In this edition of weird, spammy, and “phishy” text messages, this came up on my wife’s phone recently (shown below).
The text message, sent to two other lines as well as my wife’s, claims to be from a “Mark Thompson” from 5 Hour Energy. The jumbled grammar and punctuation suggested someone with very limited English skills may have written this, or word suggestions from iOS just went bananas and that the author thought it was good to go.
The sender essentially asks someone to click on the link to a Google Doc if interested in participating.
She sent me the screen grab, reported the text as junk, and I went investigating.
I used a recently-installed version of Parrot OS on a virtual machine (VM) on my Mac mini (details on installing it in this video I made recently). I opened it up, turned on a VPN, an inserted the URL that was in the text message. It was important that I used a VM to isolated whatever I was doing from my main desktop in order to prevent any malware from reaching the device and the rest of the home network.
The URL did link to a Google Form despite my fear of it redirecting to a sketch website.
The form seemed to be a bit more coherent with the writing and explaining on what the promotion entailed.
We are currently seeking to employ individuals Nationwide, Regular citizens, Professional drivers to go about their normal routine as they usually do, only with a big advert for “5-Hour Energy Drink” plastered on your Bike/Car/Truck/Lorry/Cart. The advert are typically vinyl decals that almost seem to be painted on the vehicle, and which will cover any portion of your Bike Car/Truck Boat/Lorry/Cart’s exterior surface.– The text from the alleged 5-Hour Energy campaign Google Form.
Words like “Lorry” and “advert” aren’t used much in American English, so it’s possible that this was written originally by a foreign entity. And I am not sure what they mean by “Cart.” Horse cart? Shopping cart? If that’s the case with the latter, could it be extra income for those in a certain American film and TV franchise?
The authors claim compensation of $650 per week with the promise of an “upfront payment inform of check via courier service.”
But would a large company such as Innovation Ventures, LLC (dba Living Essentials, LLC), who manufactures 5-Hour Energy, resort to Google Forms for promoting such a program and send the forms via random text messages?
They also asked for the applicant’s “Bank Name” as well as the make of the vehicle and year. The applicant’s age, address, and phone number were also some of the personal information that was asked.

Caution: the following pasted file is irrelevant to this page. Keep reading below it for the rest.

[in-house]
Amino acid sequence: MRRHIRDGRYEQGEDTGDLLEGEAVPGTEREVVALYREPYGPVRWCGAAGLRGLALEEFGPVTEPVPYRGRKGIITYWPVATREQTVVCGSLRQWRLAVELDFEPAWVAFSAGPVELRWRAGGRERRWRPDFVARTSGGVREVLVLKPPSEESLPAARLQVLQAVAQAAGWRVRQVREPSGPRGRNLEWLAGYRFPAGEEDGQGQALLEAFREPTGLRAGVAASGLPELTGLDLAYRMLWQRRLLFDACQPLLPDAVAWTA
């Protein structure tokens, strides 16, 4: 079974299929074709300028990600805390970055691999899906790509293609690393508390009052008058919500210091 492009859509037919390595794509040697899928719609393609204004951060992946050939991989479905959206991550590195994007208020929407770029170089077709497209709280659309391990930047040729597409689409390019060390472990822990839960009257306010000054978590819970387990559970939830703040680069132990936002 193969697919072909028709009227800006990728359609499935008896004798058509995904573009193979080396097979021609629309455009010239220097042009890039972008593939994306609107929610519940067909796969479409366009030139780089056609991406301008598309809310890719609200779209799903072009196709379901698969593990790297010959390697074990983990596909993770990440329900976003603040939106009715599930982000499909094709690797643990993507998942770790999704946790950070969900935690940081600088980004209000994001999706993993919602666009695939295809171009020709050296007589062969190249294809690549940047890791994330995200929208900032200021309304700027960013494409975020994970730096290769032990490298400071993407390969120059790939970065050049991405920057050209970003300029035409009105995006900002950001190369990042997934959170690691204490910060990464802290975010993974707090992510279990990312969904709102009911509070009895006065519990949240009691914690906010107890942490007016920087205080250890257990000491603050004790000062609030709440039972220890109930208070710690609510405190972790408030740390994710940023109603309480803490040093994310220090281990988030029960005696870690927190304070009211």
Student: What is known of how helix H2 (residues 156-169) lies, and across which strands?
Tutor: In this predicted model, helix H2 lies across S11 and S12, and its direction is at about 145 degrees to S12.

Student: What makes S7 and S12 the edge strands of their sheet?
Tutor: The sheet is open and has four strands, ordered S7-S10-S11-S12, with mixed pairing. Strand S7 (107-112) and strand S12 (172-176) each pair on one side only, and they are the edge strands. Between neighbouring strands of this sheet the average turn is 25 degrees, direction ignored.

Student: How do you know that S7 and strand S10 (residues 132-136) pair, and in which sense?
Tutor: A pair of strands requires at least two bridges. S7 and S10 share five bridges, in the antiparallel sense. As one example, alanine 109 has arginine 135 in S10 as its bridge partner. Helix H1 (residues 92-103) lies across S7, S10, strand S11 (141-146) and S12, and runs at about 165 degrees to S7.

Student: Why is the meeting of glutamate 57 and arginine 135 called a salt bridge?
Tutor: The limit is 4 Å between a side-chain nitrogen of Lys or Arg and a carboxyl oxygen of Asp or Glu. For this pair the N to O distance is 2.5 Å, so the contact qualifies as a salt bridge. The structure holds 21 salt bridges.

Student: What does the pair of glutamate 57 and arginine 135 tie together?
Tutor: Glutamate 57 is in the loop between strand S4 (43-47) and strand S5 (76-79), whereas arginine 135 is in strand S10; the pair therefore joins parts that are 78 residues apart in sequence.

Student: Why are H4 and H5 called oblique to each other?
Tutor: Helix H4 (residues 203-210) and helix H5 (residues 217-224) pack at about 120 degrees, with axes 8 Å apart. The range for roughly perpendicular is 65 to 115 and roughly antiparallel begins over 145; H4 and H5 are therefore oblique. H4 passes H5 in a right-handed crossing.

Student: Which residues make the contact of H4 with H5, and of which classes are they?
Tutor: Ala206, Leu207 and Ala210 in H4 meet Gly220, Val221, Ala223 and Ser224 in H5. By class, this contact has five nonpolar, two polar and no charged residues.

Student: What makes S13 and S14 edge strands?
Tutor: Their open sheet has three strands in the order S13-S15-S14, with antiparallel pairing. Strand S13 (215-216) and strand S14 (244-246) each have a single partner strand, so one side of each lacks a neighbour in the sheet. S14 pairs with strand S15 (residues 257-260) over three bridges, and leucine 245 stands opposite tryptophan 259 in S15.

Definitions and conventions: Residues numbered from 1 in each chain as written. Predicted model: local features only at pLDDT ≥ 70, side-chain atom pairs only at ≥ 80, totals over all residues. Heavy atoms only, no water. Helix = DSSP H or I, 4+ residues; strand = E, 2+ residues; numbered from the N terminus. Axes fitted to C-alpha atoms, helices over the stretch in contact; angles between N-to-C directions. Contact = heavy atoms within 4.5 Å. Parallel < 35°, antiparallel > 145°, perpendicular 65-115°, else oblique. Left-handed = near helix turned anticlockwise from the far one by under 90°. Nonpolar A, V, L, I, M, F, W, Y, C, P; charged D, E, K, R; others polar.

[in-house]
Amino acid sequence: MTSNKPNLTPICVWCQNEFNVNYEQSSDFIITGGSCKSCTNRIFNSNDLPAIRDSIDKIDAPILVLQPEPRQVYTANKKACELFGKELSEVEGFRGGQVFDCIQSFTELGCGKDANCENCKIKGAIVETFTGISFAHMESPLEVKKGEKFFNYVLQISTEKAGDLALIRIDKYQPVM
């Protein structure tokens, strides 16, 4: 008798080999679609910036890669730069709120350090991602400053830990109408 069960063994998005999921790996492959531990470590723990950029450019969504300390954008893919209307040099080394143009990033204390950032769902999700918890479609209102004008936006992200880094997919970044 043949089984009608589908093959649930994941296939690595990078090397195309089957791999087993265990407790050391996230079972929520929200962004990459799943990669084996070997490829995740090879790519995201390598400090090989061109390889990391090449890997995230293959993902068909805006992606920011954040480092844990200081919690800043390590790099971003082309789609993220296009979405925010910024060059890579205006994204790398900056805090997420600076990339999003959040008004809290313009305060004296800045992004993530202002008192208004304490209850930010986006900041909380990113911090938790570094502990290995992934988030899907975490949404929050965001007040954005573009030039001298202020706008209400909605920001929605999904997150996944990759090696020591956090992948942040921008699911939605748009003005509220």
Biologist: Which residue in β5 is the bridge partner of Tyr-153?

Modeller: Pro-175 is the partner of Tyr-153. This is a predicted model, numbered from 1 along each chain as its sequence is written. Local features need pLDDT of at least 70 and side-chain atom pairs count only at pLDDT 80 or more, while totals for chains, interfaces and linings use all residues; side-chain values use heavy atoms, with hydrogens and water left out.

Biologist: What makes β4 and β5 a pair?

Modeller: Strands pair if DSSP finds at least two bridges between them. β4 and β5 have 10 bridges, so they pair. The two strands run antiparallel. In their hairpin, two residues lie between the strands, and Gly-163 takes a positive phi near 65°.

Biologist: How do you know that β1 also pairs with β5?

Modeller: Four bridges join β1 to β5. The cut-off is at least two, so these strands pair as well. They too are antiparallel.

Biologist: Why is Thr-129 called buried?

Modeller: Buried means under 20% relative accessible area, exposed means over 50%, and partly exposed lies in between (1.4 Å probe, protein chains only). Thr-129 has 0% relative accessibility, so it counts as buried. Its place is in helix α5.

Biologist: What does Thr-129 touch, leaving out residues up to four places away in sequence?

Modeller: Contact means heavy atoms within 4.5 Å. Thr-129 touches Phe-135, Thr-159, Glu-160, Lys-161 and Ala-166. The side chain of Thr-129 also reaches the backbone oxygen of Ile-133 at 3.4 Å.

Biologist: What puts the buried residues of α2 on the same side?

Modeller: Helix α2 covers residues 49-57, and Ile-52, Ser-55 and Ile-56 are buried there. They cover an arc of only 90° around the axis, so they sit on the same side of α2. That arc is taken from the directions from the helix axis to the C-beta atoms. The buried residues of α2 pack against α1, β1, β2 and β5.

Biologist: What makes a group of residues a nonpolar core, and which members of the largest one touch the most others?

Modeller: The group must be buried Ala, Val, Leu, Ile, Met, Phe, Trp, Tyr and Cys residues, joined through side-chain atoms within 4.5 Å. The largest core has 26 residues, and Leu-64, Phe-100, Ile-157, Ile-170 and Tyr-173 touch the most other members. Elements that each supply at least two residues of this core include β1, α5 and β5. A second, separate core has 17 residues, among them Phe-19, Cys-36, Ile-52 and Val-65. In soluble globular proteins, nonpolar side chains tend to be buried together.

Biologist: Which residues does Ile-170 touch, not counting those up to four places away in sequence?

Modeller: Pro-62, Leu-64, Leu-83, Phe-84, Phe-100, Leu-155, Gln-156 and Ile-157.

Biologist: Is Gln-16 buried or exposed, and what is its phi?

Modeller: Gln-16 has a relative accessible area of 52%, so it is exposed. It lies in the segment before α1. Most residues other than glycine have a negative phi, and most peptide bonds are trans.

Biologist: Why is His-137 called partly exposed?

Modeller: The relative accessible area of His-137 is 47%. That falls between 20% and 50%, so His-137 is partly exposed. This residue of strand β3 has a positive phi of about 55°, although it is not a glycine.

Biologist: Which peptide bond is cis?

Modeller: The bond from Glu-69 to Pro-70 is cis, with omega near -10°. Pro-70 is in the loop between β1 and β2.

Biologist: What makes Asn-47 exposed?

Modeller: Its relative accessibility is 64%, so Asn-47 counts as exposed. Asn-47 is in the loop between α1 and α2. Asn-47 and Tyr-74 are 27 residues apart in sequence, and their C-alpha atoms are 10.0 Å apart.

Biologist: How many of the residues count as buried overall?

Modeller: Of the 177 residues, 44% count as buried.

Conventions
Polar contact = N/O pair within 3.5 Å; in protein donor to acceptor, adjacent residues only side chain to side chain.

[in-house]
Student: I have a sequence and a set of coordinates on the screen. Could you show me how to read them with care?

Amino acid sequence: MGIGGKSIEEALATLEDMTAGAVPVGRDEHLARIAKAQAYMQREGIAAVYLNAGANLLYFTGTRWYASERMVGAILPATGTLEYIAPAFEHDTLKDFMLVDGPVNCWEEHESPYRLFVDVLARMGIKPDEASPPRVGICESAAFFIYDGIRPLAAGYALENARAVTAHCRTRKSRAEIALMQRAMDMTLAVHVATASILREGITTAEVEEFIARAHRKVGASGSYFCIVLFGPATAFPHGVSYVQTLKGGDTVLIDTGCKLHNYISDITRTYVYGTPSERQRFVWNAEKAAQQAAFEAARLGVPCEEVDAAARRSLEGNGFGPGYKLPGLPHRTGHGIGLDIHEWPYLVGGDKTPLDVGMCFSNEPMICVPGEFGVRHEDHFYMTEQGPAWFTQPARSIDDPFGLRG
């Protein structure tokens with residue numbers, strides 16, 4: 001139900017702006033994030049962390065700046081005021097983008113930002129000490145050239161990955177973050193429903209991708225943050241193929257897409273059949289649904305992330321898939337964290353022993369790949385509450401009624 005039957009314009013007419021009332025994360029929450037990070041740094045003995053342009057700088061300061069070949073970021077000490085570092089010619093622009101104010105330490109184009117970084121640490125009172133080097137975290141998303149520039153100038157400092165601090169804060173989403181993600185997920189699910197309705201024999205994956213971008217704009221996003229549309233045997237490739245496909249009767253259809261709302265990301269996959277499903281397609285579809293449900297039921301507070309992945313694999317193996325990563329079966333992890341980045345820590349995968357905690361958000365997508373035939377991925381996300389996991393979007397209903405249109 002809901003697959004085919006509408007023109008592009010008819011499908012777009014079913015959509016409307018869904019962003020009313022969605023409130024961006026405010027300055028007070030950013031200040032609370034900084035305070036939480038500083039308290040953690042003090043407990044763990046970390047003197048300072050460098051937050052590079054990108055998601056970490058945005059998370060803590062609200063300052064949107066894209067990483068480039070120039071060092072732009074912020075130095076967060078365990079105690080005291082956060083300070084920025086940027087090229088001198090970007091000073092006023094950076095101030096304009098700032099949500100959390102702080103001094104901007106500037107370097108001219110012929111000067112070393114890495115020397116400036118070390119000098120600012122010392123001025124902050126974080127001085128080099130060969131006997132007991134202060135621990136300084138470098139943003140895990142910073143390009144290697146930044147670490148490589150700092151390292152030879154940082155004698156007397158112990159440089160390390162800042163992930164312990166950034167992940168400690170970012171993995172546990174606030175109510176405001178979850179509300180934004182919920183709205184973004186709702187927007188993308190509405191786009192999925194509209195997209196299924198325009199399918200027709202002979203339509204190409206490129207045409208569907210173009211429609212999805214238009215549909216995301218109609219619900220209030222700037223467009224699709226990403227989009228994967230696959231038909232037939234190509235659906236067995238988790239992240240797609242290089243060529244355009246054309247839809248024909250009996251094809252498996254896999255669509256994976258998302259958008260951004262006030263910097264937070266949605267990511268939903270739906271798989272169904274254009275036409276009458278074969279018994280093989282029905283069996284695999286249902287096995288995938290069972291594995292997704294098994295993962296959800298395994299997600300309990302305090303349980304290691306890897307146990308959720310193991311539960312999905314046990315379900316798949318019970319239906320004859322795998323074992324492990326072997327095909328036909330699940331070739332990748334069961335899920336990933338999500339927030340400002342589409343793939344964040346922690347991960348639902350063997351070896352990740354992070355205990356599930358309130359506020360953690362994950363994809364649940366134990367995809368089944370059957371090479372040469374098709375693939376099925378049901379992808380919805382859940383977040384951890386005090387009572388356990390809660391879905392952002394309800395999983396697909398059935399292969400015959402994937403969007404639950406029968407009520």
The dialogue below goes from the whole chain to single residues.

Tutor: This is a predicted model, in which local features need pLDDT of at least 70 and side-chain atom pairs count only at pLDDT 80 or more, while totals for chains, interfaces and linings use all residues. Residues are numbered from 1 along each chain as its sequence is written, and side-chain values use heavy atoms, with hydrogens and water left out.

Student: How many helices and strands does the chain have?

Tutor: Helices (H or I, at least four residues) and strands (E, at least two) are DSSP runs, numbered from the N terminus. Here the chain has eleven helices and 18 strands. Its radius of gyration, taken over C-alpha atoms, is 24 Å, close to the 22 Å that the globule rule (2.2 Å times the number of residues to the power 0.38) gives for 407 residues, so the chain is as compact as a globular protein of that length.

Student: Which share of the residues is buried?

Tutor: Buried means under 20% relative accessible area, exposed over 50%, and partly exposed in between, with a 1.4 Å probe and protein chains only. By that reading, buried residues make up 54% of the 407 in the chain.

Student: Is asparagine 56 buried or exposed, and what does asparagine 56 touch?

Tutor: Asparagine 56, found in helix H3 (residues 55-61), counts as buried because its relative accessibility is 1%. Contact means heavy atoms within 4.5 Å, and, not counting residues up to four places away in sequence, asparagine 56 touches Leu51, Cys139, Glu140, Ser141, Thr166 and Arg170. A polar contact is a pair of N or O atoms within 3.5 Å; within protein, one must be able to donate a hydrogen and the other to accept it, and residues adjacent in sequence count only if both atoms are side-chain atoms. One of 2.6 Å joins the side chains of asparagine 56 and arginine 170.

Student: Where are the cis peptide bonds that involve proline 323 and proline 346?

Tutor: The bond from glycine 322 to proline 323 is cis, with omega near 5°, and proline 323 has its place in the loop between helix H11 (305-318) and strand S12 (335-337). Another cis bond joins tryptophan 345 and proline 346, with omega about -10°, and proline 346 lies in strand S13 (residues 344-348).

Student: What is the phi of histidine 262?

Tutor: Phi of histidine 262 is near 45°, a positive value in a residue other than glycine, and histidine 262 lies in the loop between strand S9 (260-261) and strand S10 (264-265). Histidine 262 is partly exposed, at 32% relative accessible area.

The required bank name did strike me as odd, but the questionnaire didn’t go as far as requesting routing or account numbers.
This form was sent via text message instead of an email. This means that there is no way to backtrack the sender through an email or a domain name. All that’s available is a phone number.
A reverse lookup online found that, according to limited information provided by Spokeo, it was a MetroPCS-issued cellular number from Los Angeles. This may sound thrifty, but I didn’t want to pay for the information.
This leaves me a bit stuck on identifying the senders of the texts and linked Google Form. A similar but differently-worded scam message was reported within the last few years.
A claim of a $500 payment for wrapping your car in an advertisement for 5-Hour Energy was reported in 2018, according to onlinethreatalerts.com. Another similar scam was reported but using another drink called Bang, according to The Pilot.
The U.S. Federal Trade Commission (FTC) released an alert in 2016 about such scams.
Was this text message and form really from 5-Hour Energy? I would argue that’s very likely not given the word salad in the text message, the randomness of the message sent, and the fact that interested parties needed to fill out a form in Google Docs. The fact that there have been reported scams somewhat similar to the received message does raise additional red flags.
What to do?
If you receive a similar message from a random number or email, pay attention to the use (or lack) of grammar, punctuation, and capitalization. Also, if someone is saying they are representing a large company and provide a Google Doc link to sign up, something may not be right. It’s best just to play skeptic and report the text as junk or spam. You can copy and forward spam messages to 7726 on your mobile device, according to the FTC.
“[Reporting it] helps your wireless provider spot and block similar messages in the future,” the agency wrote.